Skip to main content
Mathematics LibreTexts

2.1: Basic Notions

  • Page ID
  • \( \newcommand{\vecs}[1]{\overset { \scriptstyle \rightharpoonup} {\mathbf{#1}} } \)

    \( \newcommand{\vecd}[1]{\overset{-\!-\!\rightharpoonup}{\vphantom{a}\smash {#1}}} \)

    \( \newcommand{\id}{\mathrm{id}}\) \( \newcommand{\Span}{\mathrm{span}}\)

    ( \newcommand{\kernel}{\mathrm{null}\,}\) \( \newcommand{\range}{\mathrm{range}\,}\)

    \( \newcommand{\RealPart}{\mathrm{Re}}\) \( \newcommand{\ImaginaryPart}{\mathrm{Im}}\)

    \( \newcommand{\Argument}{\mathrm{Arg}}\) \( \newcommand{\norm}[1]{\| #1 \|}\)

    \( \newcommand{\inner}[2]{\langle #1, #2 \rangle}\)

    \( \newcommand{\Span}{\mathrm{span}}\)

    \( \newcommand{\id}{\mathrm{id}}\)

    \( \newcommand{\Span}{\mathrm{span}}\)

    \( \newcommand{\kernel}{\mathrm{null}\,}\)

    \( \newcommand{\range}{\mathrm{range}\,}\)

    \( \newcommand{\RealPart}{\mathrm{Re}}\)

    \( \newcommand{\ImaginaryPart}{\mathrm{Im}}\)

    \( \newcommand{\Argument}{\mathrm{Arg}}\)

    \( \newcommand{\norm}[1]{\| #1 \|}\)

    \( \newcommand{\inner}[2]{\langle #1, #2 \rangle}\)

    \( \newcommand{\Span}{\mathrm{span}}\) \( \newcommand{\AA}{\unicode[.8,0]{x212B}}\)

    \( \newcommand{\vectorA}[1]{\vec{#1}}      % arrow\)

    \( \newcommand{\vectorAt}[1]{\vec{\text{#1}}}      % arrow\)

    \( \newcommand{\vectorB}[1]{\overset { \scriptstyle \rightharpoonup} {\mathbf{#1}} } \)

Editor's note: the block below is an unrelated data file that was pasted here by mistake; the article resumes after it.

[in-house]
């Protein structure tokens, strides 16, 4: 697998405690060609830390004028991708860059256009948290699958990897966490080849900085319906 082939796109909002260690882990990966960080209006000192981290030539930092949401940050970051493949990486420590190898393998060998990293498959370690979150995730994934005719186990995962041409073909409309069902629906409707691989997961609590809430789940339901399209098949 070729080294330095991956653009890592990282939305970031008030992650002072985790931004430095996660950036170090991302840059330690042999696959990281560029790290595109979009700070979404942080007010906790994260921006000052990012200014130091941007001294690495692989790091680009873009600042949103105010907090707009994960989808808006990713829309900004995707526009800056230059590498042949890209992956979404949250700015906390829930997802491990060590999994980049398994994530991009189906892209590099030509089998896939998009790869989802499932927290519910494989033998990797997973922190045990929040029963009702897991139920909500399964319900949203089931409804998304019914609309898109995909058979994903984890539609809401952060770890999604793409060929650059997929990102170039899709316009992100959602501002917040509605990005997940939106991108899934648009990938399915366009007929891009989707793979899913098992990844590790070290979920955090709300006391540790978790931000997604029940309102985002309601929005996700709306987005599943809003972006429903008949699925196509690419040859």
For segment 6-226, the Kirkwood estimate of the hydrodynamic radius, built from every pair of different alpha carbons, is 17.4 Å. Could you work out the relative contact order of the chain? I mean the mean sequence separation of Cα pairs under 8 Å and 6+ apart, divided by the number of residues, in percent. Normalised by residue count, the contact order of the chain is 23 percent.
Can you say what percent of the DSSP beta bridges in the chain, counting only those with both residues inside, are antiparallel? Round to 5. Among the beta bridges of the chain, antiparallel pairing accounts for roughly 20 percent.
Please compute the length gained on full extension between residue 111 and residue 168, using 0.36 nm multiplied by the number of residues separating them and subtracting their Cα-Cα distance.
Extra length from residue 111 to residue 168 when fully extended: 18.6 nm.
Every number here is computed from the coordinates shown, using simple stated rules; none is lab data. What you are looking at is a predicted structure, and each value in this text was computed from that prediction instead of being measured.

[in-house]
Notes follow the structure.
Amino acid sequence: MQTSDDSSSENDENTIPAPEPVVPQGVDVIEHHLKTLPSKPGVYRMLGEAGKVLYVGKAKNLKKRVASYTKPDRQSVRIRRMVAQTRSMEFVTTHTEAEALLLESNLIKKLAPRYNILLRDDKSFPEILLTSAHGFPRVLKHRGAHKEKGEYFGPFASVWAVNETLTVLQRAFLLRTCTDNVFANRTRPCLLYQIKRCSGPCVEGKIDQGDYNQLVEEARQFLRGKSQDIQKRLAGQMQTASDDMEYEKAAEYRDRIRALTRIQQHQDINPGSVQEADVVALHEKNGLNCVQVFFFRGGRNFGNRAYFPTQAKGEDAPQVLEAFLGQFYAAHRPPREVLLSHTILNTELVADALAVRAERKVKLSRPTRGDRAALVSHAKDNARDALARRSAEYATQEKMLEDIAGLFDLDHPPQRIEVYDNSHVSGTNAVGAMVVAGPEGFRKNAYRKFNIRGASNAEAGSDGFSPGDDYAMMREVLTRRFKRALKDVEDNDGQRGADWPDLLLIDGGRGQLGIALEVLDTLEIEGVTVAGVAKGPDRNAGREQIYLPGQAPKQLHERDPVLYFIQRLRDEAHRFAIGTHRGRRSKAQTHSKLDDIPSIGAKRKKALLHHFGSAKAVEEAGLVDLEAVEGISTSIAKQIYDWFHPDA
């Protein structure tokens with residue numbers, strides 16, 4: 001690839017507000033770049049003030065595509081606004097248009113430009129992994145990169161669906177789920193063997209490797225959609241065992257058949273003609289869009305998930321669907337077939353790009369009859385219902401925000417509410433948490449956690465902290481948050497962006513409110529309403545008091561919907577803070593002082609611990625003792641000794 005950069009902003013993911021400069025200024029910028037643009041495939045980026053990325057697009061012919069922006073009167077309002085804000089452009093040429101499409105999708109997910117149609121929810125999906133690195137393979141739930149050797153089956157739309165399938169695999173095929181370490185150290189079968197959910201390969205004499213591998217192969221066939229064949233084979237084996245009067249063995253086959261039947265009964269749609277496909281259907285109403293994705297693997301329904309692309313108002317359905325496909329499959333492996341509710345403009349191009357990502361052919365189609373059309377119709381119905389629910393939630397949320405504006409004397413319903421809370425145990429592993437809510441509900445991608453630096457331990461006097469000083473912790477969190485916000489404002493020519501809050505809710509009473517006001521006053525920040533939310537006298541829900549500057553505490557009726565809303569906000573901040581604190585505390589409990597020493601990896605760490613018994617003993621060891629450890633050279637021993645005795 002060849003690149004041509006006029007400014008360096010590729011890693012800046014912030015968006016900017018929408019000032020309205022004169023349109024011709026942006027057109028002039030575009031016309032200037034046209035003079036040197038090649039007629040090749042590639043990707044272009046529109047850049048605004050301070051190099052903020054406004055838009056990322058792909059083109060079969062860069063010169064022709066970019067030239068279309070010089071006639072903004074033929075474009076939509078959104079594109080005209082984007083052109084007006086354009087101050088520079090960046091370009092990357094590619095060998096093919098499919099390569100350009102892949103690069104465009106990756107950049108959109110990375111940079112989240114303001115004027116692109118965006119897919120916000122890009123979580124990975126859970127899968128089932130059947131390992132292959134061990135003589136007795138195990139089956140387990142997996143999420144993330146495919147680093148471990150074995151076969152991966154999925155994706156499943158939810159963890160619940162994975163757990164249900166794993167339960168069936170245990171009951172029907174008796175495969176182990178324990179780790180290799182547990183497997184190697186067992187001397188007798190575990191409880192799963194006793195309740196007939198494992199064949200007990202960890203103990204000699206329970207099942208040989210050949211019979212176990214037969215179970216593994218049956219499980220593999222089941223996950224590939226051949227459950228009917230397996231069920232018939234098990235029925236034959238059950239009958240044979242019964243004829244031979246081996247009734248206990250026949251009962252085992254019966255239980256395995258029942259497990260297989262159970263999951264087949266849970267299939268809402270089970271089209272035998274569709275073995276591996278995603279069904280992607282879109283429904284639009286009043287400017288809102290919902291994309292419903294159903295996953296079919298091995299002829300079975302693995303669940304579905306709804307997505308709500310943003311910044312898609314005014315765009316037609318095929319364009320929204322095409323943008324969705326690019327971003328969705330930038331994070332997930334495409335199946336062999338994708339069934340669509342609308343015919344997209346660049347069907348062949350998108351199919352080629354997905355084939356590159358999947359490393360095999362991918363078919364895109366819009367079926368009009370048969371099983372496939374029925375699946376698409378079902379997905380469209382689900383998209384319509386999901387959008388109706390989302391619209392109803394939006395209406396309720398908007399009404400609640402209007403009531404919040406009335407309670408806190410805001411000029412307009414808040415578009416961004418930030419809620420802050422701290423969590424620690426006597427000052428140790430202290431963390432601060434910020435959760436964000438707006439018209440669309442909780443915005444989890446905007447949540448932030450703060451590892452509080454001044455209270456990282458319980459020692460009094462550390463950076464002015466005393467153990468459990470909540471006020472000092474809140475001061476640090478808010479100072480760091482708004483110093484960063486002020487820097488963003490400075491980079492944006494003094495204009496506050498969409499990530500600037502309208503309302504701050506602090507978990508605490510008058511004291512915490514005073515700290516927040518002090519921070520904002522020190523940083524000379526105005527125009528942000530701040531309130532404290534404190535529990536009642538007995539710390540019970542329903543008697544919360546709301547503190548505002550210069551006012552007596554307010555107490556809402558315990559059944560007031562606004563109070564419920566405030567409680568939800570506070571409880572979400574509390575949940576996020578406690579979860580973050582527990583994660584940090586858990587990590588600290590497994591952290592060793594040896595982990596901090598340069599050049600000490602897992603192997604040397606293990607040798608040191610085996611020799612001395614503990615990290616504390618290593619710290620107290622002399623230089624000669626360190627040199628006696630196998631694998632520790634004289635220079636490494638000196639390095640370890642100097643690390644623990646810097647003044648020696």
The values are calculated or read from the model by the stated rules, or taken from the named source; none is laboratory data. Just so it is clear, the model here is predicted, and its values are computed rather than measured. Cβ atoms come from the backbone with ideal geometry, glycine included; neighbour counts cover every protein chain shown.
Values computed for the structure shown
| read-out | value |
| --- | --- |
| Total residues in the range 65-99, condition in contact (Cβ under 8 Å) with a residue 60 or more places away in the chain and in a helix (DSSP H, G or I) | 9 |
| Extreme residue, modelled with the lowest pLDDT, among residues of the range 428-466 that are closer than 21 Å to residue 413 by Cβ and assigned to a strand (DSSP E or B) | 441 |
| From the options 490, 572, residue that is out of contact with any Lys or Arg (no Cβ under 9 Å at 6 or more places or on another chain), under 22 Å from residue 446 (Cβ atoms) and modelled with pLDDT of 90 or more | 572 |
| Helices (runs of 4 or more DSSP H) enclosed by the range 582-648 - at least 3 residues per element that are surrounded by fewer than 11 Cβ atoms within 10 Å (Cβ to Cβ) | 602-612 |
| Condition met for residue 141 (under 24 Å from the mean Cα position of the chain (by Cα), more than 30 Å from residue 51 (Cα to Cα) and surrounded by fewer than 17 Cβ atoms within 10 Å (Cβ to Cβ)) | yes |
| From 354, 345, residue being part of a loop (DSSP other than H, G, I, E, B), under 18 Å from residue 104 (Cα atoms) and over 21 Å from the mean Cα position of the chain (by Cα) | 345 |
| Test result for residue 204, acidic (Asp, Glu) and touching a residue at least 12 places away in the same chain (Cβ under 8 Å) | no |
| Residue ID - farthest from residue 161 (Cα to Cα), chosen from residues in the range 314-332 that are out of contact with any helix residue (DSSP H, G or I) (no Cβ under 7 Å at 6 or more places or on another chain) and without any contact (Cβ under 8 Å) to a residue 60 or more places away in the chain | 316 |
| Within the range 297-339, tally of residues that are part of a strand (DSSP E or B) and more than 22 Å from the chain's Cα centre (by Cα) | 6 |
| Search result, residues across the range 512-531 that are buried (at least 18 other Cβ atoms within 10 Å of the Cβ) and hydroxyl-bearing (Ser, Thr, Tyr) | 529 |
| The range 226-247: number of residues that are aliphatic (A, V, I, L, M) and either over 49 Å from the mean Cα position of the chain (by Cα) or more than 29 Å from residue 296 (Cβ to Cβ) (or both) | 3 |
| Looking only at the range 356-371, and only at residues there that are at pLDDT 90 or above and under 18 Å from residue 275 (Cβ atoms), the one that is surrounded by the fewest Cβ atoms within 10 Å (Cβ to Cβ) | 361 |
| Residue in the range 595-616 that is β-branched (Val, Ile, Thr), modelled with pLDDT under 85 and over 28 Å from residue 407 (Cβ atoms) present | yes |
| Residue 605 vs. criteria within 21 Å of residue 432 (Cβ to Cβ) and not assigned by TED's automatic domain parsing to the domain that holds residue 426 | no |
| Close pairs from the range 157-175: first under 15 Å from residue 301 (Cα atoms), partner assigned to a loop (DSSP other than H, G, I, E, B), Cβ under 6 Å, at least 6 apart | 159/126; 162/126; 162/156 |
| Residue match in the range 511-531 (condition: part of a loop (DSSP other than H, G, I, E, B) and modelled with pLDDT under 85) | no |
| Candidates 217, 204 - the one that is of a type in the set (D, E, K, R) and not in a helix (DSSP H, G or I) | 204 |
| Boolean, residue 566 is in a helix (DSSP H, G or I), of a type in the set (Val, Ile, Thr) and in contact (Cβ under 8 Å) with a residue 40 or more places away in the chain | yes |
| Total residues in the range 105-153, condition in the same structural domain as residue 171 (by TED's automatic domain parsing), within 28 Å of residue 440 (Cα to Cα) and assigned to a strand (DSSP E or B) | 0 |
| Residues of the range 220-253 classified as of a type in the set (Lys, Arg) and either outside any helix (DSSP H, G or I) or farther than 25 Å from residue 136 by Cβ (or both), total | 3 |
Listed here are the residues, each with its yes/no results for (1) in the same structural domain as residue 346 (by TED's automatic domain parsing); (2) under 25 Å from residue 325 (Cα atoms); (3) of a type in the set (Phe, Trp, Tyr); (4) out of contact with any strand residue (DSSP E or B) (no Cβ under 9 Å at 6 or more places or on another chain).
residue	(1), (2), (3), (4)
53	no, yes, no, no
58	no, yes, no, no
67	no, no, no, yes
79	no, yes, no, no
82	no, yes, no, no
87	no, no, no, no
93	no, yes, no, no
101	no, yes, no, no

\( \newcommand{\vectorC}[1]{\textbf{#1}} \)

    \( \newcommand{\vectorD}[1]{\overrightarrow{#1}} \)

    \( \newcommand{\vectorDt}[1]{\overrightarrow{\text{#1}}} \)

    \( \newcommand{\vectE}[1]{\overset{-\!-\!\rightharpoonup}{\vphantom{a}\smash{\mathbf {#1}}}} \)

    \( \newcommand{\vecs}[1]{\overset { \scriptstyle \rightharpoonup} {\mathbf{#1}} } \)

    \( \newcommand{\vecd}[1]{\overset{-\!-\!\rightharpoonup}{\vphantom{a}\smash {#1}}} \)

    The set of complex numbers is obtained algebraically by adjoining the number \(i\) to the set \(\mathbb{R}\) of real numbers, where \(i\) is defined by the property that \(i^2=−1\). We will take a geometric approach and define a complex number to be an ordered pair \((x,y)\) of real numbers. We let \(\mathbb{C}\) denote the set of all complex numbers,